All aboard!

People get down with their suitcases from the shuttle bus that brings them from the airports and enter the central station. Still tired from the trip, maybe after a long flight, and their first impression of Rome is the new Mercato Centrale that was inaugurated couple of weeks ago on one of Termini central station's corners.

Unlike other "neo-markets" around the world that are built as a part of the traditional one or on top of it – like in Florence, as its president Umberto Montano is also the entrepreneur of this one – the new market was built from scratch. This fact and its location were probably the reasons that it was designed the way it is, having 4 entries which are spread along the street and from inside the station. The market becomes a central station of food, so the visitor can go from one stand to the other along a course that he sets for himself.

For example, one can start by getting a pizza slice (or two) from the stand of Gabriele Bonci who is the mind and hands behind Pizzarium right next to The Vatican. Here you can get a thick-dough pizzas with not-the-ordinary toppings like Romanesco broccoli/cauliflower, cime di rapa (broccoli rabe) and tomato cream or hummus, chicory and tomatoes cream. You can get also fresh bread loaves which are baked just in front of you in one of the huge ovens.

It couldn't hold it if it wasn't that thick - broccoli in different shapes and raw prosciutto over tomatoes

From there you can stroll down the street-food street and have a Trapizzino – a tramezzino made with a pizza dough, a quite new invention of Stefano Callegari who has some very respectable pizza places around Rome. And like at Bonci's stand, the fillings are unusual for the Roman palette: Doppia panna (= double cream) which contains an excellent creamy Buratta cheese from Puglia and Spanish anchovies from Cantabria or pork padellaccia, which means boiled pork neck heavily seasoned as the roasted style porchetta. Like Bonci's pizza, the fillings are super rich so the dough must be thick enough to absorb and hold them. Some will like it, others won't.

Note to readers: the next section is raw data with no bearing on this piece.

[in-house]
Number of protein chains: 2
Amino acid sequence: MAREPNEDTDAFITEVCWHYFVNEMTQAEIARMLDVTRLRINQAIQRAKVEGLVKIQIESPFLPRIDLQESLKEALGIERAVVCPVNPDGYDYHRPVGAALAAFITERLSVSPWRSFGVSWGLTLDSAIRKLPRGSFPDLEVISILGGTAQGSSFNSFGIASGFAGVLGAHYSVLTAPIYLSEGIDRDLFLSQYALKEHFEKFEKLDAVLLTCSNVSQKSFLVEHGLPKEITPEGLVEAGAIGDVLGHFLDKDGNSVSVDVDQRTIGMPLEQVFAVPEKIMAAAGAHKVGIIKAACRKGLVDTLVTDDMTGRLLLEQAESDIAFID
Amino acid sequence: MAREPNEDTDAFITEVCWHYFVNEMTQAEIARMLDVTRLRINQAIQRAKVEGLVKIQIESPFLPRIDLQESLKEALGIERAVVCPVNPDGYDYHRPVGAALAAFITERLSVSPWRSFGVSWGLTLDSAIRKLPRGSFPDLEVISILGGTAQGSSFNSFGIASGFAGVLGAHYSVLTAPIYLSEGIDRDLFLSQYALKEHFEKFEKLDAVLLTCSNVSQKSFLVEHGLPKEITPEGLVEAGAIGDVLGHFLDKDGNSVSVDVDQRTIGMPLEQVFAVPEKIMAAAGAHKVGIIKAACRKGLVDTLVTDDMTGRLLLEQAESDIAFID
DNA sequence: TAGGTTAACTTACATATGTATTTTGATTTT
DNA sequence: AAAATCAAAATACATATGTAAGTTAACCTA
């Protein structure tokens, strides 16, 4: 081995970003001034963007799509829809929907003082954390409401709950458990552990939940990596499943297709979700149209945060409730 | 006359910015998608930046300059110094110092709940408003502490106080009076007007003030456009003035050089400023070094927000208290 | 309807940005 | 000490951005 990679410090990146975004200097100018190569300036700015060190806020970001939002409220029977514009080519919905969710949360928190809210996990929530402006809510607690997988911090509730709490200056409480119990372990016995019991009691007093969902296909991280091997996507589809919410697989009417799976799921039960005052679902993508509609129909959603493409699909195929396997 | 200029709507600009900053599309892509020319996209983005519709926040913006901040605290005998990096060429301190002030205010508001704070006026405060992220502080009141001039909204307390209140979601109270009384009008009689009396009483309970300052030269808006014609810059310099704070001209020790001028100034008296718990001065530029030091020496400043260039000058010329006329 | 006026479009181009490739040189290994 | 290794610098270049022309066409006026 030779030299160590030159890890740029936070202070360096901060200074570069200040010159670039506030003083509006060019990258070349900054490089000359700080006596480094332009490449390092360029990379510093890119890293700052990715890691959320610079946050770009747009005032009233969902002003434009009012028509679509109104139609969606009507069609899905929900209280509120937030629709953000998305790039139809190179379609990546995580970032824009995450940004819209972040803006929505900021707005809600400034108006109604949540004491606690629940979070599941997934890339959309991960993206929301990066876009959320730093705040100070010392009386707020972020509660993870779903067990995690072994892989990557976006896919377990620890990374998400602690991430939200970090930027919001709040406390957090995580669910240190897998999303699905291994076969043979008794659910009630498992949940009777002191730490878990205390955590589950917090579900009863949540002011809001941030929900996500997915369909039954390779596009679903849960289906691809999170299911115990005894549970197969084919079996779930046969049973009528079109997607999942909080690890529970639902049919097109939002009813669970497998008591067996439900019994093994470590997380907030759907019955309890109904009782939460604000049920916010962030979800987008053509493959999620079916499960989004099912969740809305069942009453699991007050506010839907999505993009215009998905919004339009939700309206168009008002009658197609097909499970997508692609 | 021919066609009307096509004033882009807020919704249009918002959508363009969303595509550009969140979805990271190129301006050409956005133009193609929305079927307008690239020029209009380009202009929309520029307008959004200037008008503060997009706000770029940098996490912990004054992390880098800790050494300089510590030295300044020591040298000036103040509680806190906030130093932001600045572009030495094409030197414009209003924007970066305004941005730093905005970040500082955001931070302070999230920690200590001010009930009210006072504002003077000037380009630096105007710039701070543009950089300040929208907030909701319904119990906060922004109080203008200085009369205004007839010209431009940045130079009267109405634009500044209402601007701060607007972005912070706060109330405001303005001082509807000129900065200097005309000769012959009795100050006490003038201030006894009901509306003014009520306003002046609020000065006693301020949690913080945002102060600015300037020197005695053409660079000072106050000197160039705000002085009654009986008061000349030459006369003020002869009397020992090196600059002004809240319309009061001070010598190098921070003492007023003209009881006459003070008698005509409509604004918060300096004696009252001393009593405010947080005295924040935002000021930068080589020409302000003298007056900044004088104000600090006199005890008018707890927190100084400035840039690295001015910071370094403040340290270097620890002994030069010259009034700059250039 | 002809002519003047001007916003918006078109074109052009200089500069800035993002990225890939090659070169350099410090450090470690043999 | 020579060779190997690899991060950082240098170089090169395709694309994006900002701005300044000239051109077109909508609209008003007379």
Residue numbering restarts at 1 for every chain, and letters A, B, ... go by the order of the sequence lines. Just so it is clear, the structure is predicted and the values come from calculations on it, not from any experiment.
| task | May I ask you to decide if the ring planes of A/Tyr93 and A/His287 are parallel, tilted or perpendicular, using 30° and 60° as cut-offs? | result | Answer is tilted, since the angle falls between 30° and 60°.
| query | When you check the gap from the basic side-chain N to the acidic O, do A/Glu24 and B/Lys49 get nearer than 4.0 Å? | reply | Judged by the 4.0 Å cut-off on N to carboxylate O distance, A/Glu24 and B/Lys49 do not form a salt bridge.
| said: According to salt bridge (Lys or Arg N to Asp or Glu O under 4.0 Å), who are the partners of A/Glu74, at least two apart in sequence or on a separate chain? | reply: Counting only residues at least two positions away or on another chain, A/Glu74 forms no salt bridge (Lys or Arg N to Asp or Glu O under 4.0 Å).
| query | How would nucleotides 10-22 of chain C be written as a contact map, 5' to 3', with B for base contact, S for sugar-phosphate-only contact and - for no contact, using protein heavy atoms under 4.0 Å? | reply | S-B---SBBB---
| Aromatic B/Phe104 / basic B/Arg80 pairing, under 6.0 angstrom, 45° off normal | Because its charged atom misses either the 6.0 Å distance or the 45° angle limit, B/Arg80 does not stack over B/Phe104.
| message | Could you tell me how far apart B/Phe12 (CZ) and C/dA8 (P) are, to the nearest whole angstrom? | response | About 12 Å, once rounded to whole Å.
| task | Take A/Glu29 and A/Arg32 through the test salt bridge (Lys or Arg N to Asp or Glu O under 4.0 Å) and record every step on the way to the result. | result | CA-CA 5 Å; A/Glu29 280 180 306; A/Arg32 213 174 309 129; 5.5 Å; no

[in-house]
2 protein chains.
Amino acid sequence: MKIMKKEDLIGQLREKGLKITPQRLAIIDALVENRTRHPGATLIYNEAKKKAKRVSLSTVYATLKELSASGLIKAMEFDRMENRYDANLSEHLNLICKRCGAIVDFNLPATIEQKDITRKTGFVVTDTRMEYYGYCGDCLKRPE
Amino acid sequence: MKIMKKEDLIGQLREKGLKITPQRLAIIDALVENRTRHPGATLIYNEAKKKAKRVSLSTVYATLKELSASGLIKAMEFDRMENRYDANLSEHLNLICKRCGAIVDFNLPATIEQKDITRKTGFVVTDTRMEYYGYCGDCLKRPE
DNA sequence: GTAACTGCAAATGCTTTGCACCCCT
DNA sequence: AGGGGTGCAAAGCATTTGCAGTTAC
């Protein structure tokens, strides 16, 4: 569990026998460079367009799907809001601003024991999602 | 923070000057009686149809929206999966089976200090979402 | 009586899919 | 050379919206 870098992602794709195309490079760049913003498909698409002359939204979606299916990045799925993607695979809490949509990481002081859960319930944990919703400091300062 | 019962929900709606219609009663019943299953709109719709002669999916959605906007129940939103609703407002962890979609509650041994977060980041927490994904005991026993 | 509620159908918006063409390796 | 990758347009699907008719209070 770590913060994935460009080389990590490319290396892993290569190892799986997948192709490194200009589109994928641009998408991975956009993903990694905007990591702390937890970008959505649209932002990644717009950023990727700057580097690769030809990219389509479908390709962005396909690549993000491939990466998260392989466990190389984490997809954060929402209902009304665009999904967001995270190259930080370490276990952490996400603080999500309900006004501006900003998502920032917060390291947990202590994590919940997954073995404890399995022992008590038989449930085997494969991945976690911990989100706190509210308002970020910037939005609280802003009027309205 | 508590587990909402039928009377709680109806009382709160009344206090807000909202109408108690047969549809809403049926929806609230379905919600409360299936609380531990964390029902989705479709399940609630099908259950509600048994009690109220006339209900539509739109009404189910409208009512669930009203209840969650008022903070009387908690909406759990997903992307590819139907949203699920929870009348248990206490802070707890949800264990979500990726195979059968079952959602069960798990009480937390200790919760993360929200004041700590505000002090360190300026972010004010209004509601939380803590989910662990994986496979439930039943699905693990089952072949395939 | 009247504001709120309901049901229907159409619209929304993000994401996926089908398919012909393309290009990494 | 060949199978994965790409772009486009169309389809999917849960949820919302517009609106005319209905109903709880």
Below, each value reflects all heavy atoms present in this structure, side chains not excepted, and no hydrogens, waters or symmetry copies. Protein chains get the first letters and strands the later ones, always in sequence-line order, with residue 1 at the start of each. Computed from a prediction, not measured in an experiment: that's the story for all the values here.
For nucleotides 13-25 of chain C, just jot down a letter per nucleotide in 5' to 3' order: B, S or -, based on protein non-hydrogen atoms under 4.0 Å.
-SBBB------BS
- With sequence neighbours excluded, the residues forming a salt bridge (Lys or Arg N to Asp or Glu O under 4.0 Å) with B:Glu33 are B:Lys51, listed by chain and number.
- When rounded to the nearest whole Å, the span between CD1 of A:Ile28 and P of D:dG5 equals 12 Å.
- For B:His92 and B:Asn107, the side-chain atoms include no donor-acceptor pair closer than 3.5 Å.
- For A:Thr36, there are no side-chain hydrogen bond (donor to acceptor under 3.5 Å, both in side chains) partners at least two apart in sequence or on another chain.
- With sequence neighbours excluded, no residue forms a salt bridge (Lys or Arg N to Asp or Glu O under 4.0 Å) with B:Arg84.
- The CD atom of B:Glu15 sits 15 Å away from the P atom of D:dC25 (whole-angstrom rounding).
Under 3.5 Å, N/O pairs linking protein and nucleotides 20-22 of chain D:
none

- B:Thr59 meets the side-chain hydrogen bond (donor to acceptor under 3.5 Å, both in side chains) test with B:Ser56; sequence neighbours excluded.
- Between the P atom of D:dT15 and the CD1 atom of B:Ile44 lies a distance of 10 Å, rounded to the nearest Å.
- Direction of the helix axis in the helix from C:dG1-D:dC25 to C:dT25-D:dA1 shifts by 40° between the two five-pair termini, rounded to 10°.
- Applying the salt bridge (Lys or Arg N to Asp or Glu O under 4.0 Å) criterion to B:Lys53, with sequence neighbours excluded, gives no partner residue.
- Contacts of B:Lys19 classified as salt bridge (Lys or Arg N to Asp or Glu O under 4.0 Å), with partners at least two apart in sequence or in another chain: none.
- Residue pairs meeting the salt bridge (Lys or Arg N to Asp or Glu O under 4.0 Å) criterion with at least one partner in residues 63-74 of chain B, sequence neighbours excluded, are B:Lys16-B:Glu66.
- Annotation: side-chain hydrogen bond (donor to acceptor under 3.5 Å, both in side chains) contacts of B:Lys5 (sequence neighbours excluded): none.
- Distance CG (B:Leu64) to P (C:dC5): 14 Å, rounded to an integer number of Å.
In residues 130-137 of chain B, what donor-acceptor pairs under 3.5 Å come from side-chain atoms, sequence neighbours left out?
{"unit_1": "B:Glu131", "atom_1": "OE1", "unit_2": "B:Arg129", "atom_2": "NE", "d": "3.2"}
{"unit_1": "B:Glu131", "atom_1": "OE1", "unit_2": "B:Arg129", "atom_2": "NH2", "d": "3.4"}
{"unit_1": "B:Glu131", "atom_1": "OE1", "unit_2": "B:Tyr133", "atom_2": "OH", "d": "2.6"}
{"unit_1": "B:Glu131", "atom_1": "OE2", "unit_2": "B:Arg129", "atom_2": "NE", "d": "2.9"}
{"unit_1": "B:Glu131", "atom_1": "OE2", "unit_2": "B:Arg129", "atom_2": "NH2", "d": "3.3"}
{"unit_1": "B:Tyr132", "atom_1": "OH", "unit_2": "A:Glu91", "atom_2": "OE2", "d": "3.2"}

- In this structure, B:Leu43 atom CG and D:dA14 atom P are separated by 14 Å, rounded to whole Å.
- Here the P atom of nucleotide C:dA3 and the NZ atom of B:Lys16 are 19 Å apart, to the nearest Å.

No spillings

If you prefer a more fine dining experience, go to the stand of Famiglia Galluzzi that handles a fish and seafood restaurant since 1894. Here you can get, like on any other market or central station, some fresh oysters sitting on a nice plate of ice or other findings from all of Italy's coasts. It doesn't even matter that there's in no coastline on a 40 kilometers radius around Rome – The Galluzzis are obliged to freshness, so you can have a little sea breeze and salty water at about 40 meters from the platforms.

The sea away from the sea

And for the ultimate unimaginable-yet-real combination you'll have to go upstairs to the second floor, take a look at 'The Hood' ('La Cappa'), one memory of the fascist architecture of Angiolo Mazzoni who designed this part of the station just before World War II, and sit at 'The table, the wine and the pantry' ('La tavole, il vino e la dispensa'). There you'll find plates like Risotto all'amatriciana, or octopus with creamy purée and green beans, not your ordinary snack before catching a train. It'll make more sense – or quite the opposite – If you take a sneak peek at the kitchen, there you'll see Oliver Glowig who dominated the kitchens of two Michelin stars restaurants up until recently and now is mastering a small team of cooks in the tiny and well trained kitchen.

Outside of the restaurant, waiting to be served

The market is branded with Miró-like scribbles and perhaps refers to one of his most famous paintings, 'The Harlequin's Festival', which depicts the last dinner of Mardi Gras. Yet this is not a scribble. This is a very organized feast and since the beginning of October a new must-stop spot for foodies, whether they arrive to Rome or leaving it.

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